A Lithgow company is the subject of the latest prosecution launched by the New South Wales water regulator.
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The charges relate to meters on its bore pumps at its cotton farm in the Narrabri Shire.
The charges were brought by the Natural Resources Access Regulator (NRAR) in the Land and Environment Court on 19 March.
According to a release from the NRAR, the charges are for 'contraventions of section 91I(2) or in the alternative s91H(2) of the Water Management Act 2000 for taking water from a water source, the Lower Namoi Groundwater Source, by means of a metered work while it was not operating properly or failing to ensure the metered work was operating properly.'
NRAR Chief Regulatory Officer Grant Barnes said that due to the critical nature of NRAR's work, its officers were continuing their activities of monitoring potentially unlawful water use during the COVID-19 response period.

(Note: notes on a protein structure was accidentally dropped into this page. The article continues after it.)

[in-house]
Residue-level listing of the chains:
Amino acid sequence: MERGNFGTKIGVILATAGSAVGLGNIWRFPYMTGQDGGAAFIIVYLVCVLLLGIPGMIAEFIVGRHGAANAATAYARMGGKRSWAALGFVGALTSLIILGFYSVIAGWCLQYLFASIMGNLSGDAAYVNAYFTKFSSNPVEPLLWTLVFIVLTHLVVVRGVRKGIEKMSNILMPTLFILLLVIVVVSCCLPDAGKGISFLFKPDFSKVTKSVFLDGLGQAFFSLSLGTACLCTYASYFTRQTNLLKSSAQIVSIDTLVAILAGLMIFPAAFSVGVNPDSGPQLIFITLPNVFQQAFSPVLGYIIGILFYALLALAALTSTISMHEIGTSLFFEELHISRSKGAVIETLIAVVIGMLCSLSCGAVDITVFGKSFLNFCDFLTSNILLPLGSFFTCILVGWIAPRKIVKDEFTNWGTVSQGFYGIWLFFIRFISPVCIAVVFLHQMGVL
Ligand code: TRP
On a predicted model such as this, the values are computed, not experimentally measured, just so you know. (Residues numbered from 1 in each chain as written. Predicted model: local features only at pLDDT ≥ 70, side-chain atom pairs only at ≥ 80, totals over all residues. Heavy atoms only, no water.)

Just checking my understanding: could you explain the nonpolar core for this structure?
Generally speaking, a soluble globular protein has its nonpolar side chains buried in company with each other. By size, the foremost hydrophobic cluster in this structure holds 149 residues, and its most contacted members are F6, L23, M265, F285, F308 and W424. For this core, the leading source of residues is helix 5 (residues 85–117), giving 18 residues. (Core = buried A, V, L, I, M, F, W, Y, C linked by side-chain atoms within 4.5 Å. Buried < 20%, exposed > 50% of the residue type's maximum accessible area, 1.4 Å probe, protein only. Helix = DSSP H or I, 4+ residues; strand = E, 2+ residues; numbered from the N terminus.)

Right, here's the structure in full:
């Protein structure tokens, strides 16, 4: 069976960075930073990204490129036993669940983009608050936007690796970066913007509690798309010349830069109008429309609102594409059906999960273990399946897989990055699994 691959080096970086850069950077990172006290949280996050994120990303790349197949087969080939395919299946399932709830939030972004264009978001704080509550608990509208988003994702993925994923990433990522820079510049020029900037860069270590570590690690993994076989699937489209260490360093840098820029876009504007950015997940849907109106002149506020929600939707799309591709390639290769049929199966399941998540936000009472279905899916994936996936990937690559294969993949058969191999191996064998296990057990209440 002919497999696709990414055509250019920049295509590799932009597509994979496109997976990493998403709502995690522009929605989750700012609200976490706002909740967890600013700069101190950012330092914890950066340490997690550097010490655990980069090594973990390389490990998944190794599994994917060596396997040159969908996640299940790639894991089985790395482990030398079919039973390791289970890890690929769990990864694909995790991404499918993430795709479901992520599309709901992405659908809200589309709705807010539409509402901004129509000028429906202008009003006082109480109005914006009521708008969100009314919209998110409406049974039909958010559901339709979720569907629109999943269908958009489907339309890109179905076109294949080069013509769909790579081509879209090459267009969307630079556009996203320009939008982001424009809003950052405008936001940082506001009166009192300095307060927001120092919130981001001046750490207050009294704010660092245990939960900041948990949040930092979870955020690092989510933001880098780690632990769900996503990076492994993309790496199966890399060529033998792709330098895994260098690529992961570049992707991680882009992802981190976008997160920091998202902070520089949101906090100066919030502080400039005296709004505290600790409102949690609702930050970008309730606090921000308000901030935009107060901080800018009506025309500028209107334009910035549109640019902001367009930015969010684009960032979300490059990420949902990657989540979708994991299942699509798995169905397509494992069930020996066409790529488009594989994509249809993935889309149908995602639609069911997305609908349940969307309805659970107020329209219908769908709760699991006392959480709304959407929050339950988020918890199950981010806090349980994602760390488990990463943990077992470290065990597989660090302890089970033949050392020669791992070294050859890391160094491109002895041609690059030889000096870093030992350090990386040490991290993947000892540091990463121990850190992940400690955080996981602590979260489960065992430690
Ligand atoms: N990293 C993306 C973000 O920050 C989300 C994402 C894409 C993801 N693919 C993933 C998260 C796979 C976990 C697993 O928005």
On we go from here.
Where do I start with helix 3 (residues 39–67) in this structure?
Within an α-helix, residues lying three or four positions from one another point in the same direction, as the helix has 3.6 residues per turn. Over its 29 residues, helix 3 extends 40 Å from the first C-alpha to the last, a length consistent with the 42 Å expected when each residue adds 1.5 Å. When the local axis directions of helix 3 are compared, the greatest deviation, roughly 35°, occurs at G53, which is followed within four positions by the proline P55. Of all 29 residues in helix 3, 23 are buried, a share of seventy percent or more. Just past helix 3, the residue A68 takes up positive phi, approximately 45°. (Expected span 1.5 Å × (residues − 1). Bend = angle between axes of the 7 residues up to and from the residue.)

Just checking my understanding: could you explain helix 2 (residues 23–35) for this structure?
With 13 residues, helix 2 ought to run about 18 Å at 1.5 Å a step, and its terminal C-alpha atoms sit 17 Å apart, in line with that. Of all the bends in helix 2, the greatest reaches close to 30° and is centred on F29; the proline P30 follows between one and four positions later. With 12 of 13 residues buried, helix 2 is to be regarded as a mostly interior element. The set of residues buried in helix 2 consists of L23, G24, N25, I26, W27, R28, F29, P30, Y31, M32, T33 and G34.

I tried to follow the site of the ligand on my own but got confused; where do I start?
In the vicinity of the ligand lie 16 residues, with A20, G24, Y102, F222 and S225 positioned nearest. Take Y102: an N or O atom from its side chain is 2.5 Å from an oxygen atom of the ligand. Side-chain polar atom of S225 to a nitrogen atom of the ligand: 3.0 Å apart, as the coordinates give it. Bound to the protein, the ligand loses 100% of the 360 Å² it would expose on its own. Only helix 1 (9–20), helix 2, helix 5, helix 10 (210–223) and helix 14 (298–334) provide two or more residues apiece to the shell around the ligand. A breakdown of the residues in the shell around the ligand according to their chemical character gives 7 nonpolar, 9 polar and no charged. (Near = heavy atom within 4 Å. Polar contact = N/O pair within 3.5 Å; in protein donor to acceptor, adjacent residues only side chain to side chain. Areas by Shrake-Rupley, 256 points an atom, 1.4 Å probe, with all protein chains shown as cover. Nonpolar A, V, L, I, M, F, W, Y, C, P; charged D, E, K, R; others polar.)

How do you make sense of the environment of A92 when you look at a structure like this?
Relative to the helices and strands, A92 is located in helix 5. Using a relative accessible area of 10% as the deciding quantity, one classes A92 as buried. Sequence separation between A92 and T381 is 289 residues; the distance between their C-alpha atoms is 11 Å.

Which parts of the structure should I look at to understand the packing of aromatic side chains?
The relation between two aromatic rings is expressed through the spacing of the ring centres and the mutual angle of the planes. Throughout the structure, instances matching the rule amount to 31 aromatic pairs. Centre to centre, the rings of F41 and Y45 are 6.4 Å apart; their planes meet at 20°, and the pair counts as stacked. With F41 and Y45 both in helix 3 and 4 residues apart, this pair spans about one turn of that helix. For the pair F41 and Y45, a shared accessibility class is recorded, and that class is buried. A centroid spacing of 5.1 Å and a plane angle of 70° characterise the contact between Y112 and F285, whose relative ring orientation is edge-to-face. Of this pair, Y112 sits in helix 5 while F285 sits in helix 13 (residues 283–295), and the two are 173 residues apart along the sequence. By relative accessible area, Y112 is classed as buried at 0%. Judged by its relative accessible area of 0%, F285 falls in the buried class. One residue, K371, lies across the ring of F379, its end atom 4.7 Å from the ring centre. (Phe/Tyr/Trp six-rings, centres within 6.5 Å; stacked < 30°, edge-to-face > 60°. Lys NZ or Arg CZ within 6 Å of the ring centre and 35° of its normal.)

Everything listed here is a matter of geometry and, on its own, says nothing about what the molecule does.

"Water is a precious and finite resource," he said.
"The prolonged drought has meant more people have been turning to bore water, and in many places groundwater reserves have been dropping at a faster rate.
"The Lower Namoi Groundwater Source is a highly utilised system. Many people in that area are reliant on groundwater for town water supply, stock and domestic use, and irrigation.
"This means that properly functioning metering equipment to measure water take and prevent over-extraction is essential.
"Now more than ever, it's vital that access to water is shared between communities, irrigators, industry and the environment.
It's up to us all to protect our water sources for generations to come."
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